\nCALIFORNIA — Student journalists are resisting a mandate\nfrom the Oakland Unified School District to print a message in\ntheir high school newspapers stating the district’s compliance\nwith federal nondiscrimination rules, pointing to a California\nlaw that prohibits school officials from dictating the content\nof student publications.
The federal Title IX rules and regulations policy lists local\nnewspapers, newspapers and magazines operated by recipients of\nTitle IX (in this case the school), and memoranda or other written\ncommunications distributed to every student and employee of the\nschools as possible vehicles for promoting awareness of the school’s\nTitle IX policy.
But a California Education Code provision enacted by the state\nlegislature says student editors of official school publications\nshall be responsible for determining the content of their publications.\n
According to Fremont High School newspaper adviser Steve O’Donoghue,\nthe district sent a letter containing the nondiscrimination policy\nhome to all students’ families. The Oakland Tribune, a local newspaper,\nalso published the Title IX message in a story about tightened\ncompliance measures in the area.
The school district, however, is requiring high school student\nnewspapers to print the message in every issue. Oakland school\ndistrict advisers and student journalists feel that this measure\nis not only unnecessary, but is also a violation of their right\nto determine the content of their newspapers.
“This seems to me a sorry excuse for interpreting a statute\nor regulation to bend it this far,” said Terry Francke, an\nattorney with the California First Amendment Coalition. “If\nit’s the kind of regulation I’m familiar with, it simply says\nyou have to publicize your policy and here are some options.”\n
O’Donoghue agreed with Francke’s assessment.
“My view is that these are optional things,” O’Donoghue\nsaid. “They’re saying let everybody know in the best way\npossible. The district takes it as let everybody know every single\nway listed or else.”
Barbara Thomson, the school district’s Title IX compliance\nofficer, met with Oakland school district newspaper advisers early\nin November to inform them of the district’s new policy. According\nto O’Donoghue, Thomson told advisers that because the anti-discrimination\npolicy’s message is a good one, there is no justification for\nnot including it in the paper. She also noted that newspapers\noften give up space for advertisements, O’Donoghue said, but she\nrefused to pay to run the message in the paper as an ad.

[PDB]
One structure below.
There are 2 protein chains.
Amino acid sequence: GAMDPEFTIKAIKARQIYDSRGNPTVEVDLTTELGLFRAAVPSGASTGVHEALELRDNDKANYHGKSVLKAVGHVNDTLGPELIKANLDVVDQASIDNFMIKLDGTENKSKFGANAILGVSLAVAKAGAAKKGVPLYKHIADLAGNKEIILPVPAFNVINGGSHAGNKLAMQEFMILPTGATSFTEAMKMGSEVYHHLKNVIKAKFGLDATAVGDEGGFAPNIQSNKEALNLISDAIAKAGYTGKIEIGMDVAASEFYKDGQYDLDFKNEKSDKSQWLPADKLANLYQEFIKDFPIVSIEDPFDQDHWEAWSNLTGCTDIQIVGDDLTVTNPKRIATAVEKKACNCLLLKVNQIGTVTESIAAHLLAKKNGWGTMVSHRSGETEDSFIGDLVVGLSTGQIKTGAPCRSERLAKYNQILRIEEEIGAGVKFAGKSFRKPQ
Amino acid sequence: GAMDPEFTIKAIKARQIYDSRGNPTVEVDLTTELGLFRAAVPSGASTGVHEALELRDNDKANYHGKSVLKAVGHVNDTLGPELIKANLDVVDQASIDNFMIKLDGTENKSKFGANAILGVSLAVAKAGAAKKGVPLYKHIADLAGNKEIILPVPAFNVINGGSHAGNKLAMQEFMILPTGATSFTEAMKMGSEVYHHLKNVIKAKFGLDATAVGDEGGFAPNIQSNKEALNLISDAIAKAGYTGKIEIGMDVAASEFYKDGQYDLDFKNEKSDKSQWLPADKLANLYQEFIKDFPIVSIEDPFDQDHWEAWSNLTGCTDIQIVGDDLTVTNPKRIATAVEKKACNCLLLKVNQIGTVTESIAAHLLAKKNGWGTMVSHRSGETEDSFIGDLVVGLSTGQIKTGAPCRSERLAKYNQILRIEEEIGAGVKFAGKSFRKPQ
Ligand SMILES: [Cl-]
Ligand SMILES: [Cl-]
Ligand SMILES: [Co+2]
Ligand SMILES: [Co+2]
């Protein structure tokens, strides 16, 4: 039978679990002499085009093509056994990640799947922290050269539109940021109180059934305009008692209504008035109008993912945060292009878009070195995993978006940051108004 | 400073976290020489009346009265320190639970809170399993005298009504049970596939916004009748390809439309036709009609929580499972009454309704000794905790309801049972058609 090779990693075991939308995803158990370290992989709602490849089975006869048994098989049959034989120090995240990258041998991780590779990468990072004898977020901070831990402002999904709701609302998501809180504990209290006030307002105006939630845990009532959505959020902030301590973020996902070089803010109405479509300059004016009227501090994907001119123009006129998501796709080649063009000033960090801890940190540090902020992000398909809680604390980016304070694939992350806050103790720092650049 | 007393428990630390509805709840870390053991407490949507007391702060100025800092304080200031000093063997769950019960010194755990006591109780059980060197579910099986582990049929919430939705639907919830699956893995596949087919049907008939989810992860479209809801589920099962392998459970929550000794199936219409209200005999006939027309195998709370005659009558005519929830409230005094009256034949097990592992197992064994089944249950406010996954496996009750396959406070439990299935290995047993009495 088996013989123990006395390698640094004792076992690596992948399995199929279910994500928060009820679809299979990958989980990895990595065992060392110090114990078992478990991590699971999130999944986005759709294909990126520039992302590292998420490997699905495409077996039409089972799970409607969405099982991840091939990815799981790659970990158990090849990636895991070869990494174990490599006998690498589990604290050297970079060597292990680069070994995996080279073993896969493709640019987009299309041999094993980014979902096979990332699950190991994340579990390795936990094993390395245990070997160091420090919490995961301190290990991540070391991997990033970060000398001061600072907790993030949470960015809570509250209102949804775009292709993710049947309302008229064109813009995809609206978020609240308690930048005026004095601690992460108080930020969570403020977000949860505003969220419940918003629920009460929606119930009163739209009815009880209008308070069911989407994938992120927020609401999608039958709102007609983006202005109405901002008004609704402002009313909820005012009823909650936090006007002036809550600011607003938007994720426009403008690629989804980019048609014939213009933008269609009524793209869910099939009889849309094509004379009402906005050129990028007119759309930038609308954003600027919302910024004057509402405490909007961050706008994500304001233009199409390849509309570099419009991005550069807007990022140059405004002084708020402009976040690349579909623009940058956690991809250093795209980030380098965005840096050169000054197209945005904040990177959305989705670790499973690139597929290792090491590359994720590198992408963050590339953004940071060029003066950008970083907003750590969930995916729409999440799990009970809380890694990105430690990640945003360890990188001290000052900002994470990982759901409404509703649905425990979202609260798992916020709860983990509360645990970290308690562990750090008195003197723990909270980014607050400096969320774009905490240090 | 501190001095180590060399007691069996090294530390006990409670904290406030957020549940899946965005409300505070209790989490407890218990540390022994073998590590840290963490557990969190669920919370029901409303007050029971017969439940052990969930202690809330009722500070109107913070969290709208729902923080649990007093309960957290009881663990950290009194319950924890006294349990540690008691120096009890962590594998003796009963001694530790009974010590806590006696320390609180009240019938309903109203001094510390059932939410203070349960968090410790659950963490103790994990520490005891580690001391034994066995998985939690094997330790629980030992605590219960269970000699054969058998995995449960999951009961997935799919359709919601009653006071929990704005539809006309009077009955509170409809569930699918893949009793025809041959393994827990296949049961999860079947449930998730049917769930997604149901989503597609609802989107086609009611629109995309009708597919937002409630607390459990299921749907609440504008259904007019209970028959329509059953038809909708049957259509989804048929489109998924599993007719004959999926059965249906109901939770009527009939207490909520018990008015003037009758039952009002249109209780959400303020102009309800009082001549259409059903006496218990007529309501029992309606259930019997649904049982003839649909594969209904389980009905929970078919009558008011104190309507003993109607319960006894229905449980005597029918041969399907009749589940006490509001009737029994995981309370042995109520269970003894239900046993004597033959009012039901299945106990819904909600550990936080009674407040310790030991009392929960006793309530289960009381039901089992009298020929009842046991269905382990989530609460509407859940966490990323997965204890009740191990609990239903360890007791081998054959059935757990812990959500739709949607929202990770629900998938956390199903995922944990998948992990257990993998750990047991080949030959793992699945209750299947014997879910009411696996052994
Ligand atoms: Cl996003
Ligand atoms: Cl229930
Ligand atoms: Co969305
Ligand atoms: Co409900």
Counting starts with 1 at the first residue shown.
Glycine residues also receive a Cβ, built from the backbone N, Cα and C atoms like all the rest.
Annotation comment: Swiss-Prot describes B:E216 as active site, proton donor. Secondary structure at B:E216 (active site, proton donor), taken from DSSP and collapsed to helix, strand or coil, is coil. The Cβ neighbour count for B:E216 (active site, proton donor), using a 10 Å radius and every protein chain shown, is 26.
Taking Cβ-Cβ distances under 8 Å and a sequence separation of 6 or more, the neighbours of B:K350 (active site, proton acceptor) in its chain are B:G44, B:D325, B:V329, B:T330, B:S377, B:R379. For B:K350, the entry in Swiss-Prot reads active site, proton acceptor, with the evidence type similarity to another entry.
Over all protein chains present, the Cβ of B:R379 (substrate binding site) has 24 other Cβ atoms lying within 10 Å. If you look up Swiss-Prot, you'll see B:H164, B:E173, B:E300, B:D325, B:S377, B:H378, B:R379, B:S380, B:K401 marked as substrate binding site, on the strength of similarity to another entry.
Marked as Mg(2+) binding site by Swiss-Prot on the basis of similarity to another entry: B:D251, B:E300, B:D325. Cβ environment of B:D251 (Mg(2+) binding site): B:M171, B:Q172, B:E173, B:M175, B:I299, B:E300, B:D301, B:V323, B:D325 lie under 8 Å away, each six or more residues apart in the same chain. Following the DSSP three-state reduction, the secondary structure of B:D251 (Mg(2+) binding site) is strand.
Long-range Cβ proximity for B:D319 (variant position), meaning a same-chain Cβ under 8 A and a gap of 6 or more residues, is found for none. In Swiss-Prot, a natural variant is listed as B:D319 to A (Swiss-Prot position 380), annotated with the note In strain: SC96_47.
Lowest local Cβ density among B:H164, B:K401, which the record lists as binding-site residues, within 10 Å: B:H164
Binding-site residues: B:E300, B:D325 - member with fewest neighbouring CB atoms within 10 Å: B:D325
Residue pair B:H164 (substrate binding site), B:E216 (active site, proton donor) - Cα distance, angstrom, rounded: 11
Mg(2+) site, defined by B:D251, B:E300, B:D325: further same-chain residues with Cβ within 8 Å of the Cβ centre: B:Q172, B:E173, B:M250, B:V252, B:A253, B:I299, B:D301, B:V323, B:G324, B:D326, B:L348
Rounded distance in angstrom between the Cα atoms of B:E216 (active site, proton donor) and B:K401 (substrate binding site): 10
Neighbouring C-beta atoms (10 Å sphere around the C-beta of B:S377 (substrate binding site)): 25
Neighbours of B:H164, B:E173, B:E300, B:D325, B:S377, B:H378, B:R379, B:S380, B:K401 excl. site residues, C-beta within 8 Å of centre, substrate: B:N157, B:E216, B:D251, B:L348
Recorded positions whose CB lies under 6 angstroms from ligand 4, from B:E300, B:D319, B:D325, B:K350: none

Thomson said Title IX’s federal dissemination policy “supersedes”\nthe students’ ability to determine the content of their newspapers.\n
In the meeting, the advisers pointed out that the publication\nof the policy was not their newspaper staffs’ obligation, but\nthe district’s obligation. They also argued that they would have\nno reason to print the message repeatedly as they are not in a\nposition to discriminate because they do not hire employees. \n
Disputing Thomson’s point about advertisements, the advisers\nsaid the message was not the same as an advertisement because\nnewspapers were being asked to print it for free. When their students\nprint an advertisement, they exchange space in the newspaper for\nmoney they can spend on publication costs. If the newspapers were\nto follow the district’s instructions, students would have to\ngive up space for their work in exchange for nothing.
“Nobody is against the statement,” O’Donoghue said.\n”The issue is that under California law … students decide\nthe content.”
But even in states where there is not a state law protecting\nstudent press rights, the Student Press Law Center could find\nfew cases where school districts have forced their student publications\nto print the Title IX anti-discrimination message.
Furthermore, Title IX has been in effect since 1972. The Oakland\nschool district has never before required distribution of the\npolicy in this manner.
“What’s driving this is that they’re under a three-year\nreview for compliance with all state and federal programs,”\nO’Donoghue said, “so they’re dotting all the I’s.”
Of the five newspapers whose advisers attended the meeting\nwith Thomson, only one planned to print the message without protest.\nThe principal of Oakland High School is forcing the school’s newspaper,\nThe Aegis, to print the message in its upcoming issue-even\nthough adviser Paul August does not believe the principal has\na legal right to do so.
“Legally, I’m being directed to do an illegal act,”\nAugust said. “Politically, when I’m directed to do something\nby a bureaucracy of dictators, I have to avoid being set up for\ninsubordination.”
In 1991, a school district in Colorado-a state that also has\na freedom of expression law for students-attempted to force high\nschool student publications to print a similar message. After\na school newspaper contested the district’s ruling, the U.S. Department\nof Education decided that the district did not have to force student\njournalists to print the message to be in compliance with Title\nIX.
Thomson, however, maintains that federal code requires all\nstudent publications printed under the district name to print\nthe policy.
“[The newspaper] is an Oakland Unified School District\npublication,” Thomson said. “If it was independently\nfunded it would be the avant-garde press, but it’s not. It has\nthe district name and it’s a district high school.”
Francke disagreed and said the district’s obligation to distribute\nthe policy should not trump students’ free-expression rights.\n
“The district itself does not have First Amendment rights,”\nFrancke said. “The district could be full of people who don’t\nbelieve in Title IX, but the government can tell a subordinate\ngovernment agency that it must publish the policy. That says nothing\nabout student newspapers, [over] which, at least in California,\nstudents have editorial autonomy”